My first memory of “social media guidelines” comes from my years in high school when my use of the internet and social media were restricted. My school monitored student’s usage of their platforms during school hours, from 7:50am – 2:33pm. We were provided a detailed list of the rules regarding the personal use of the Internet that included the penalties for usage in school (nothing worse than a detention). At the time, these rules seemed so constricting and confining to our social lives. As Blanchard phrases, a social media bill of right is, “…to use the social web as a means of personal communications and self-expression outside of work,” (Blanchard 85).
During high school, social media presence was still a new-found thing. My constant up-keep of social media was not so much for my personal use, but for maintaining social interactions. Because of those daily updates, I have many awful cringe-worthy old Facebook posts from my teen years (forgive me for this post). My first Instagram picture was a badly filtered key lime cheesecake with no caption and two “likes”. I clearly did not know how to navigate the nuances and unspoken rules of personal social media.
I knew social media rules in school were placed on students because of possible cheating and distractions, but guidelines for students and employees exist for the protection of others, as well as means of regulation and control within internal structures.
When I volunteered at Children’s Hospital, volunteers were forbidden from mentioning patients online or posting photos on our social media. Though this rule appears obvious, sometimes volunteers would share photos online to show support and encouragement for families. Their intent was positive but, as a volunteer, the privacy of patients and the reputation of Children’s Hospital is the primary concern as a representative for the hospital. The right to use social media for communication does not out-weigh the right for digital dignity for all users. Unfortunately, the internet and social media opened a new outlet for bullying.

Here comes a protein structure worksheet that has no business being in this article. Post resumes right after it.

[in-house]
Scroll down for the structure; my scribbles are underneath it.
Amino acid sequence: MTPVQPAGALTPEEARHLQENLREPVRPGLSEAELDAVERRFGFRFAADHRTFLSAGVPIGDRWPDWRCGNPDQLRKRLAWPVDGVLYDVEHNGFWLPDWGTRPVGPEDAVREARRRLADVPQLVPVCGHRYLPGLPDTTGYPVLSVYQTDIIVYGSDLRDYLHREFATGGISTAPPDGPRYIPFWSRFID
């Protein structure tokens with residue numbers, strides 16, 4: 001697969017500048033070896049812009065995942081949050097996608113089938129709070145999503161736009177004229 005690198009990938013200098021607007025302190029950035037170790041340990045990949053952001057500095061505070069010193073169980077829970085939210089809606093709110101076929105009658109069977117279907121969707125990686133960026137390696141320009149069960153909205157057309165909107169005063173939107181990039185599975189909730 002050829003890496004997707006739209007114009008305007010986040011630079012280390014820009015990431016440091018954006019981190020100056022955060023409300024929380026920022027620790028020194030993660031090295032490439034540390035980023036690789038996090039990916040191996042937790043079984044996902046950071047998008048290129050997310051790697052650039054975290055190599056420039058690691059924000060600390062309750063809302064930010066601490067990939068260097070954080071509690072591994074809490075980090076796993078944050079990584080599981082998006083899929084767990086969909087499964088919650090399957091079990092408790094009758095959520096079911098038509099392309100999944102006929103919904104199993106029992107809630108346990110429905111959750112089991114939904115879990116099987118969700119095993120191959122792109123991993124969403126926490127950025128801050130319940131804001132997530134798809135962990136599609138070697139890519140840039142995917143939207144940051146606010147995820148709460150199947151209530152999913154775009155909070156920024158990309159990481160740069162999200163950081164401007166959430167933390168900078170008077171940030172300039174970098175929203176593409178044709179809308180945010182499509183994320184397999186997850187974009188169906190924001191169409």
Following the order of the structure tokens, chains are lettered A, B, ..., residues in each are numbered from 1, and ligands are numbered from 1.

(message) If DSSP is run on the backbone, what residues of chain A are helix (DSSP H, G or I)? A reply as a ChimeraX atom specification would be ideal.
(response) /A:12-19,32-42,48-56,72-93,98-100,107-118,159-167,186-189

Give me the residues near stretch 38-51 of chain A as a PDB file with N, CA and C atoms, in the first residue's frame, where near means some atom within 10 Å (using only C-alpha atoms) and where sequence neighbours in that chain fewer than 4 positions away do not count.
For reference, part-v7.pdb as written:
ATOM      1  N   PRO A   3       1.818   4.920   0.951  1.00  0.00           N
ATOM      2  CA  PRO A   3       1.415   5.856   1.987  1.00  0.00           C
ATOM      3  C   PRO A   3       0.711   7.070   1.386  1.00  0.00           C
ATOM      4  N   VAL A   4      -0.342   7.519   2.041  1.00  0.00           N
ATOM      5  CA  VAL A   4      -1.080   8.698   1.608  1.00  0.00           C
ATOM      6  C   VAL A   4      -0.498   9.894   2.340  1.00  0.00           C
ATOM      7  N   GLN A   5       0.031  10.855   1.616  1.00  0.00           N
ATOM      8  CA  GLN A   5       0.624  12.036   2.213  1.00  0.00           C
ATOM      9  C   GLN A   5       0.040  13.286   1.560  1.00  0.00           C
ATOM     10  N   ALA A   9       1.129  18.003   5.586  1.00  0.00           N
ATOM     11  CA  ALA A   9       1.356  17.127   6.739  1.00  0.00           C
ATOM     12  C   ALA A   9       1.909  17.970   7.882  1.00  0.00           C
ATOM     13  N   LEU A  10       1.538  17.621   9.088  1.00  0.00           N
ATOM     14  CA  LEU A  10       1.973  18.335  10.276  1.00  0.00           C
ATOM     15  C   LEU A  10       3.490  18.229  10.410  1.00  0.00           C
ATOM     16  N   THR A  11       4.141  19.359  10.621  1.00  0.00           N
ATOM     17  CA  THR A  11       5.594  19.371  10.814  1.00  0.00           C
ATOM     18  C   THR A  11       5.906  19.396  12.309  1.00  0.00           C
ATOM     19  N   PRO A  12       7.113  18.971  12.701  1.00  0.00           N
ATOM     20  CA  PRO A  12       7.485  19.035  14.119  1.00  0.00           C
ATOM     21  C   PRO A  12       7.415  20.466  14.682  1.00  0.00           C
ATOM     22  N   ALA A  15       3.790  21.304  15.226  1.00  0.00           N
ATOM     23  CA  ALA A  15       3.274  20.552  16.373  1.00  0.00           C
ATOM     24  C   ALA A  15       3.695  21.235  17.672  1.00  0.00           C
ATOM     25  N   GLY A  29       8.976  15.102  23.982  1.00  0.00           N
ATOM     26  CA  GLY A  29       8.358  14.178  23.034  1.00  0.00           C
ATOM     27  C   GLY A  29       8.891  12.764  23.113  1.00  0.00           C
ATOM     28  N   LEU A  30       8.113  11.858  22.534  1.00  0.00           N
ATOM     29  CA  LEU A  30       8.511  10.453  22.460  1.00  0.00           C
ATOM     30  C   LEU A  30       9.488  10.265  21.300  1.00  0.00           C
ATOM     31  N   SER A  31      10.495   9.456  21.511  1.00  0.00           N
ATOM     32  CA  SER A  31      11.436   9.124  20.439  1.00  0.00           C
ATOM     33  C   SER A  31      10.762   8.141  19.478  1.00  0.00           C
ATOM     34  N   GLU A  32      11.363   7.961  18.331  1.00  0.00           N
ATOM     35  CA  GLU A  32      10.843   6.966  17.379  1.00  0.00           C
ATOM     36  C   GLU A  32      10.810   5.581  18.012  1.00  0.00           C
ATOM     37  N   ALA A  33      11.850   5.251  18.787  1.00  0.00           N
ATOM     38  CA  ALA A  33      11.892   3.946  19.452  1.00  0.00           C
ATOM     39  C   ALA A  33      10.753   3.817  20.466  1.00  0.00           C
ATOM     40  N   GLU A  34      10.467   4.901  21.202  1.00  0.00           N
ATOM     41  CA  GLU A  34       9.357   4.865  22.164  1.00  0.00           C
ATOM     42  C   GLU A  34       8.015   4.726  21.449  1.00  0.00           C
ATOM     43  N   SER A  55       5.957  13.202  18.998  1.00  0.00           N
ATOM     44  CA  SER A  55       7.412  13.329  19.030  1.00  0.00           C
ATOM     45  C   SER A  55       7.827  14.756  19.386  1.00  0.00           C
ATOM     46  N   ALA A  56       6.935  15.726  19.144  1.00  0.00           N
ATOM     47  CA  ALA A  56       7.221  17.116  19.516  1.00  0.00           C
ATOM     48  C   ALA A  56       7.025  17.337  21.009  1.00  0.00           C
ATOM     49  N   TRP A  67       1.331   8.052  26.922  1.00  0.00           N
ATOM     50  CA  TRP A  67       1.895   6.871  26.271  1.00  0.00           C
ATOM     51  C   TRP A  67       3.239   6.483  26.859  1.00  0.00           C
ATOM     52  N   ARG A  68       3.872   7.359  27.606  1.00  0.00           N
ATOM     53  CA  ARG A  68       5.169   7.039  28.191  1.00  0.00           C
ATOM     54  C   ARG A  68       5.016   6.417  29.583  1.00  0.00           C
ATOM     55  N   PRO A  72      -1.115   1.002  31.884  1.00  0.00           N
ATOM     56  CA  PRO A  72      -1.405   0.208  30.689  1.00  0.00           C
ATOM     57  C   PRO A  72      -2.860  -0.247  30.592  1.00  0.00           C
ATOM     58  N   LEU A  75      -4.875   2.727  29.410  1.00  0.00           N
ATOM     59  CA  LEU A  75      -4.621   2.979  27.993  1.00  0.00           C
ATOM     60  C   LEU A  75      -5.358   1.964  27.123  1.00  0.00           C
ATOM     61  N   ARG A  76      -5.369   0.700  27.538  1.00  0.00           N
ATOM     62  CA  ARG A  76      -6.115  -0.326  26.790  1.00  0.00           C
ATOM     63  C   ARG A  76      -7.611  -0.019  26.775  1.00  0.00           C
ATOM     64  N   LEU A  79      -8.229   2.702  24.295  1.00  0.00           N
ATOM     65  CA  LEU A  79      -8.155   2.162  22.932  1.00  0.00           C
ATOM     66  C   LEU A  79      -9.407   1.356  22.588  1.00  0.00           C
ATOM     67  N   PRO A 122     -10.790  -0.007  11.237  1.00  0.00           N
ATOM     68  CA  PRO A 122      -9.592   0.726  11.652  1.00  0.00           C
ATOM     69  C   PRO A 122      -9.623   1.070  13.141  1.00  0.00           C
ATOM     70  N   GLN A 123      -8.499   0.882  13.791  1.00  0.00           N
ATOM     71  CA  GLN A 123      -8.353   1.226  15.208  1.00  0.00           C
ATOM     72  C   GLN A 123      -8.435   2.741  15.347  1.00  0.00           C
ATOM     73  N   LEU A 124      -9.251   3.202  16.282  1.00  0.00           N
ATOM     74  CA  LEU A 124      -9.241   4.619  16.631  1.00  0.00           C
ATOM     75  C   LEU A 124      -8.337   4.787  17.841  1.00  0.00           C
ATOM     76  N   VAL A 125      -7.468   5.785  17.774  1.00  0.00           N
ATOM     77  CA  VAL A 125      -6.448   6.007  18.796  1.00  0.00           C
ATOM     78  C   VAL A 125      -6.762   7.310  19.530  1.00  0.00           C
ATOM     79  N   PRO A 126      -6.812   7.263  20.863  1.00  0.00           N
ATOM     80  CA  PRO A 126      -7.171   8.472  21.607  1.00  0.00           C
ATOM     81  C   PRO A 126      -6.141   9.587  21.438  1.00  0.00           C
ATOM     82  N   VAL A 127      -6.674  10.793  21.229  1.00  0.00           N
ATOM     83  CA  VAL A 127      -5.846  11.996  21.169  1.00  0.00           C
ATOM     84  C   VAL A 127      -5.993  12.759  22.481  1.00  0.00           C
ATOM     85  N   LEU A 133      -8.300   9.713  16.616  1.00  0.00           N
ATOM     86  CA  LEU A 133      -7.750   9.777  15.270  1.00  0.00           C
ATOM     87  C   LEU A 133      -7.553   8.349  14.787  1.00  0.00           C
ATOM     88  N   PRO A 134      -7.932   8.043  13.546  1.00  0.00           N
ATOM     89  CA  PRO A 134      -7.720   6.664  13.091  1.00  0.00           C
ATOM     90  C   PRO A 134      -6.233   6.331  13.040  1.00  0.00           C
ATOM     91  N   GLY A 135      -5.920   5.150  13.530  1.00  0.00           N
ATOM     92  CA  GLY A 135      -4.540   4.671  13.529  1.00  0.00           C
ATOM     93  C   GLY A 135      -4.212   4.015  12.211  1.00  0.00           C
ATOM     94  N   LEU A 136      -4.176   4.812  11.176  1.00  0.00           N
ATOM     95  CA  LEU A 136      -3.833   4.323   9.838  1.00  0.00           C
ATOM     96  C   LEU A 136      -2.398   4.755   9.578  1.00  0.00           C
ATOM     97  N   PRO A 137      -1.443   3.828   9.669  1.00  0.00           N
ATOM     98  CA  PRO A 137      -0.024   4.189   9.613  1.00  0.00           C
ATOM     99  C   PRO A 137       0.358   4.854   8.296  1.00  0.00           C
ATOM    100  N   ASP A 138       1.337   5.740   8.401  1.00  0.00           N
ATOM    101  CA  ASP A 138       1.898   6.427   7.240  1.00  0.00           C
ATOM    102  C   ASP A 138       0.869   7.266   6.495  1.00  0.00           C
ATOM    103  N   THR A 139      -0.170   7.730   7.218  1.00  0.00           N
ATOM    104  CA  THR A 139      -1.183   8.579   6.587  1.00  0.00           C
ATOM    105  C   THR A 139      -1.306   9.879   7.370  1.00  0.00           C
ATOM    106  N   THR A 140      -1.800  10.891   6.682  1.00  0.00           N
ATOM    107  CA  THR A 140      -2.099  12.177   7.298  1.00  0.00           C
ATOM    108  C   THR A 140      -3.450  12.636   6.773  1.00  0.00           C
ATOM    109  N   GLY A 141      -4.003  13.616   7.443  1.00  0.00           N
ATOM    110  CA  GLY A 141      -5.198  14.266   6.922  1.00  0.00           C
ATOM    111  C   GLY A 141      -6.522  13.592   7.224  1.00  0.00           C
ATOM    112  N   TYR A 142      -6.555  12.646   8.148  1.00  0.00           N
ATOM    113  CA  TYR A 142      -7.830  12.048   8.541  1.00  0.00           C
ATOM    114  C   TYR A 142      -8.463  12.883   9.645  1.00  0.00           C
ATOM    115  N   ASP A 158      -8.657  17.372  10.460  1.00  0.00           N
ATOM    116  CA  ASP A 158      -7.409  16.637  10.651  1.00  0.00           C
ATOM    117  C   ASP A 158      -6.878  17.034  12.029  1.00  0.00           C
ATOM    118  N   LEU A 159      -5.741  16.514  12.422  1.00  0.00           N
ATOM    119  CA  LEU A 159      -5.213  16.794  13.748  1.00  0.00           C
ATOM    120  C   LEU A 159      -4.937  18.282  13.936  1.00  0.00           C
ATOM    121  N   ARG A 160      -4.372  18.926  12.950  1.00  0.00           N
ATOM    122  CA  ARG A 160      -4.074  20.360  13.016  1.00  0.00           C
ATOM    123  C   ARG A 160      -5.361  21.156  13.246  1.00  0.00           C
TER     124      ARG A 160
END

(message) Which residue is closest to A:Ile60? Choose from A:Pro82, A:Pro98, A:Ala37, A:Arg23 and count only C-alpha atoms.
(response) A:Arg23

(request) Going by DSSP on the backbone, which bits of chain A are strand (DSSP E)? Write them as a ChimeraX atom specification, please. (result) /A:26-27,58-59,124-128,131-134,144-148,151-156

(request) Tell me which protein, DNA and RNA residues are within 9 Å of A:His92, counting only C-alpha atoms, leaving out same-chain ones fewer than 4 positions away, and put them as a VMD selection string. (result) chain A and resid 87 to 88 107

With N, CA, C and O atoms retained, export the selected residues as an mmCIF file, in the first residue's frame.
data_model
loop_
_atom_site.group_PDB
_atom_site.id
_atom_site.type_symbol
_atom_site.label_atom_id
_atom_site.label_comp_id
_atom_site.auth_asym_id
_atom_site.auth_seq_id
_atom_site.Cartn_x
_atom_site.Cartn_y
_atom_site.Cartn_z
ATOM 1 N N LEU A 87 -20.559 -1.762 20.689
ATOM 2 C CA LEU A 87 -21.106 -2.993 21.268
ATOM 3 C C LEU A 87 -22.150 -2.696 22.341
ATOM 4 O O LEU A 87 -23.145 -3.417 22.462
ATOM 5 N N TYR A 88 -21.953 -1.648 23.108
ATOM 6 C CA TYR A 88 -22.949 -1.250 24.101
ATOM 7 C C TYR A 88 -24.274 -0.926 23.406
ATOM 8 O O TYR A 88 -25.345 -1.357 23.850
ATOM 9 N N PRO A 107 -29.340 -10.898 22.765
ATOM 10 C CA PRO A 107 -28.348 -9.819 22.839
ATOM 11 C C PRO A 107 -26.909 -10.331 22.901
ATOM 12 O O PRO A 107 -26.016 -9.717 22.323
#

Young people are exposed to social media at younger and younger ages every year and with less formal and informal guidelines of how to manage their personal social media and expressions. Blanchard remarks that, “…this type of problem [bullying] does not end with high school graduation. It is alive and well in the world of grown-ups as well,” (Blanchard 92). As an adult, I see cyber-bullying exist within political commentary, debates of parenthood and childcare, and weight loss. Social media sites like Instagram and Twitter offer guidelines for dealing with online abuse prohibited wishing their policies. Also, Blanchard suggests that proactively defining cyber-bullying and its consequences is key to reducing the number of victims (93).
While certain rights are afforded to those using social media (expression, privacy, etc.), social media guidelines and rules exist, not only as a form of management, but to ensure a quality of use that benefits and protects all who are affected.
After examining the different rights and consequences of social media usage within different environments, should social media guidelines change (within personal lives, businesses, websites, and schools)?
Blanchard, Olivier. Social Media ROI: Managing and Measuring Social Media Efforts in Your Organization. Indianapolis, IN: Que, 2011. 83-94. Print.
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